You can invest in coins – but you can’t display them if you want to satisfy the sole purpose test. Coins are collectables if their value exceeds their face value. Therefore, if bullion coins have a value that exceeds their face value and they are traded at a price above the spot price of their metal content, they will be a collectable and your SMSF must comply with regulation 13.18AA in relation to the investment

Likewise, you can invest in wine but you can’t drink it unless you are in pension fully retired and taking it out as a lump sum pension payment! If your fund acquired the wine on or after 1 July 2011 it must not be stored in the private residence of any related party. A private residence includes all parts of a private dwelling (above or below ground), the land on which the private residence is situated and all other buildings on that land, such as garages or sheds.

SMSF investments in art operate in a similar way. You can’t hang it in the hall at home, but you can rent it to a non-related company or an art bank that rents out artworks on an ongoing basis.

Here is a link to the ATO’s guidance on leasing and selling artworks:

ok so what about stepping into the Cryptocurrency or Bitcoin mania?

Just because it may be possible does not mean you should. If you want to then you need to do some major research and follow normal compliance rules to the Nth degree. Read my blog SMSF Research – BITCOIN, DOLLARS, GOLD: What Is the Future of Money?

Although it might seem like a good idea to use your super to invest in exotic assets, the value of these types of investments is notoriously volatile and the market for these asset classes is generally pretty illiquid. If you have special or professional knowledge in a particular subject then you may be able to put forward a better case than an ordinary person for engaging in those assets as part of your funds strategy. Again make sure that you are not using your SMSF or its assets to prop up your own business.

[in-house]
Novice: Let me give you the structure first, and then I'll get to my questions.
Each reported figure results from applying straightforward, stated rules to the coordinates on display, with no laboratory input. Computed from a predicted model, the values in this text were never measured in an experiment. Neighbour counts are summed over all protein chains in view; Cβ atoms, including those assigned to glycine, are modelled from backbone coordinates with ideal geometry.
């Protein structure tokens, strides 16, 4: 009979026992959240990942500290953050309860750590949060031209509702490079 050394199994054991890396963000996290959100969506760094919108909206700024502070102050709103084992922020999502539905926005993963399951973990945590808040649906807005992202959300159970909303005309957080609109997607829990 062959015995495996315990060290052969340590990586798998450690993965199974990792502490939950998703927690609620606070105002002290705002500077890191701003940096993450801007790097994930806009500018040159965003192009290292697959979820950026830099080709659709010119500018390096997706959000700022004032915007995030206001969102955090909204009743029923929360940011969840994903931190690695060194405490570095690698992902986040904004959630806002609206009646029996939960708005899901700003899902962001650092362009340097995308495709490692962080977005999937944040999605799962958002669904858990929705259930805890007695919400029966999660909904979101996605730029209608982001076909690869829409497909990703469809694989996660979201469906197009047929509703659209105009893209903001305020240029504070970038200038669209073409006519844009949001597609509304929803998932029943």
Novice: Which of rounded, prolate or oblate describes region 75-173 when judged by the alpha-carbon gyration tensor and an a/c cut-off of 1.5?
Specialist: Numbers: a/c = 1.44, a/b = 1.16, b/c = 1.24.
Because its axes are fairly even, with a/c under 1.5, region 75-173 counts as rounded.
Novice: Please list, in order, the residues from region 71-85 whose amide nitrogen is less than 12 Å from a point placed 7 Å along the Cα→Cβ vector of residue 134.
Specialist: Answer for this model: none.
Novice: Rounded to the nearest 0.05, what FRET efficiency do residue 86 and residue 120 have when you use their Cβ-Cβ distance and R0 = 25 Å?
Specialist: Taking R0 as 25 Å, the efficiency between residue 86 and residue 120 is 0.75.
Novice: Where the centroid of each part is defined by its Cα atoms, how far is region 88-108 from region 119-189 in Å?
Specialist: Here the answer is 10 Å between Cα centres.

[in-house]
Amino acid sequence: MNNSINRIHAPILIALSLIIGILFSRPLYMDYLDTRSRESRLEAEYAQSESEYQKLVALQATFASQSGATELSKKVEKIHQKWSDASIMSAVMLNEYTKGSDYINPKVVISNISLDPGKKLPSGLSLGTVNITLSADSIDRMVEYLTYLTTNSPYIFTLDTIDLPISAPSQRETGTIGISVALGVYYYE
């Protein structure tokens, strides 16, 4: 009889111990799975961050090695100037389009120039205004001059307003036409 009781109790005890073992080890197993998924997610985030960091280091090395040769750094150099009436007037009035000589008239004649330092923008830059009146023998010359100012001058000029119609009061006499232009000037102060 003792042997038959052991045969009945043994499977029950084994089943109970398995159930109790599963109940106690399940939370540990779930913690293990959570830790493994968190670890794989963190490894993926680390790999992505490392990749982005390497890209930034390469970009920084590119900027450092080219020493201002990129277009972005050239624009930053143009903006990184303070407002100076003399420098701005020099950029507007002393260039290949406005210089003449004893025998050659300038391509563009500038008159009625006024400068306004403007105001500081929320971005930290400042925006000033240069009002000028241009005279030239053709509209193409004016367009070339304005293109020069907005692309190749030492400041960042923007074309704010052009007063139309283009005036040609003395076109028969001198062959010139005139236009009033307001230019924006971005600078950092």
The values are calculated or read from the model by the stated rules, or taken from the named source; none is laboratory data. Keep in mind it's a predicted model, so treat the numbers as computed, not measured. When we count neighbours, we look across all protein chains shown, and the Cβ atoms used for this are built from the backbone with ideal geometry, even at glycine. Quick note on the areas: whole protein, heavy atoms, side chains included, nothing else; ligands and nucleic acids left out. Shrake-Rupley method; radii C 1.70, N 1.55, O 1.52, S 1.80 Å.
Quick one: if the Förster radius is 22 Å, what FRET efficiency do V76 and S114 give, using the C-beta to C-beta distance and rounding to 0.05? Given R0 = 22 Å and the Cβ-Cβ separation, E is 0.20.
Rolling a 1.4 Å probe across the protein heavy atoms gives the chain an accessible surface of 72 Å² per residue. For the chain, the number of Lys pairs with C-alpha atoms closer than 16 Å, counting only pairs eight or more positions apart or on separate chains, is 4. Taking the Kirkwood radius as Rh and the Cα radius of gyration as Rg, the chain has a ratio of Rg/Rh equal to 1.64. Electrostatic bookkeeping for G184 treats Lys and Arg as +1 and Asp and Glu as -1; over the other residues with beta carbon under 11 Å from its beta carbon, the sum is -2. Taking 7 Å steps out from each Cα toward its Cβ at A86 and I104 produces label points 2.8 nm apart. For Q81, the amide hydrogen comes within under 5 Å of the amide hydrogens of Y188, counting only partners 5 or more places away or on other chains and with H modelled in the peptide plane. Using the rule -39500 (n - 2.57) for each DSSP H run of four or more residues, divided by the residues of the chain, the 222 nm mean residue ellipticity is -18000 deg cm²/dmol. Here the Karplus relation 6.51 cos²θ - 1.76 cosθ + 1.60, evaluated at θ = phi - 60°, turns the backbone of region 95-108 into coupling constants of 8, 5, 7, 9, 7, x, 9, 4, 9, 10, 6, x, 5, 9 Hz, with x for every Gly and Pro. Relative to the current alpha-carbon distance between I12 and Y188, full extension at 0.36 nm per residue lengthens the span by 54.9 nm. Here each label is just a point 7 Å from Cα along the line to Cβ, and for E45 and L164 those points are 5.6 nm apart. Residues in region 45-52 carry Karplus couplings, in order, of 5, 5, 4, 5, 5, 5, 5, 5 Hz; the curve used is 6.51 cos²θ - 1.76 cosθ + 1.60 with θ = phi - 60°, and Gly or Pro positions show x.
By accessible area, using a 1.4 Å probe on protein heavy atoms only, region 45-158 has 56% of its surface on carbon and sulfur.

I hope these thoughts  have been helpful and please take the time to comment if you know of other investments as I know this is not an exhaustive list. Would love some feedback as well.

Liam Shorte B.Bus SSA™ AFP

Financial Planner & SMSF Specialist Advisor™

SMSF Specialist Adviser 

 Follow SMSFCoach on Twitter Liam Shorte on Linkedin NextGen Wealth on Facebook   

Verante Financial Planning

Tel: 02 98941844, Mobile: 0413 936 299

PO Box 6002 BHBC, Baulkham Hills NSW 2153

5/15 Terminus St. Castle Hill NSW 2154

Corporate Authorised Representative of Viridian Select Pty Ltd ABN 41 621 447 345, AFSL 51572

This information has been prepared without taking account of your objectives, financial situation or needs. Because of this you should, before acting on this information, consider its appropriateness, having regard to your objectives, financial situation and needs. This website provides an overview or summary only and it should not be considered a comprehensive statement on any matter or relied upon as such.

Understanding transition to retirement pensions


If you have reached your preservation age you can use a transition to retirement pension to access your superannuation as a non-commutable income stream while you are still working. This may be particularly attractive if you have reduced your working hours and need to top-up your income to maintain your standard of living.

There was another great benefit of setting up the pension which was that all the funds supporting the pension move in to a tax exempt status. Yes that means those funds paid no earnings tax and in fact they received a full refund of any franking credits on your investments. For the average investor this can increase your returns by 0.5% to 1% a year risk free every year! However that tax free status will be removed as of 1 July 2017.

The strategy still remains effective for those needing a boost in income or those who can combine the pension with salary sacrifice.

What is a transition to retirement pension?

Transition to retirement pensions allow you to access your superannuation as a non-commutable income stream, after reaching preservation age (see below), but while you are still working.

The aim of these income streams is to provide you with flexibility in the lead up to retirement. For example, you may choose to reduce your working hours and at the same time access your superannuation as a transition to retirement pension that can supplement your other income. It may also allow you to salary sacrifice to give your retirement savings a boost.

Not all superannuation funds offer the transition to retirement pensions, so you need to check with your own fund to see if they do. You can also start one in a self-managed superannuation fund.

Are there any special characteristics?

These pensions are essentially like a normal account-based pension, but with two important differences.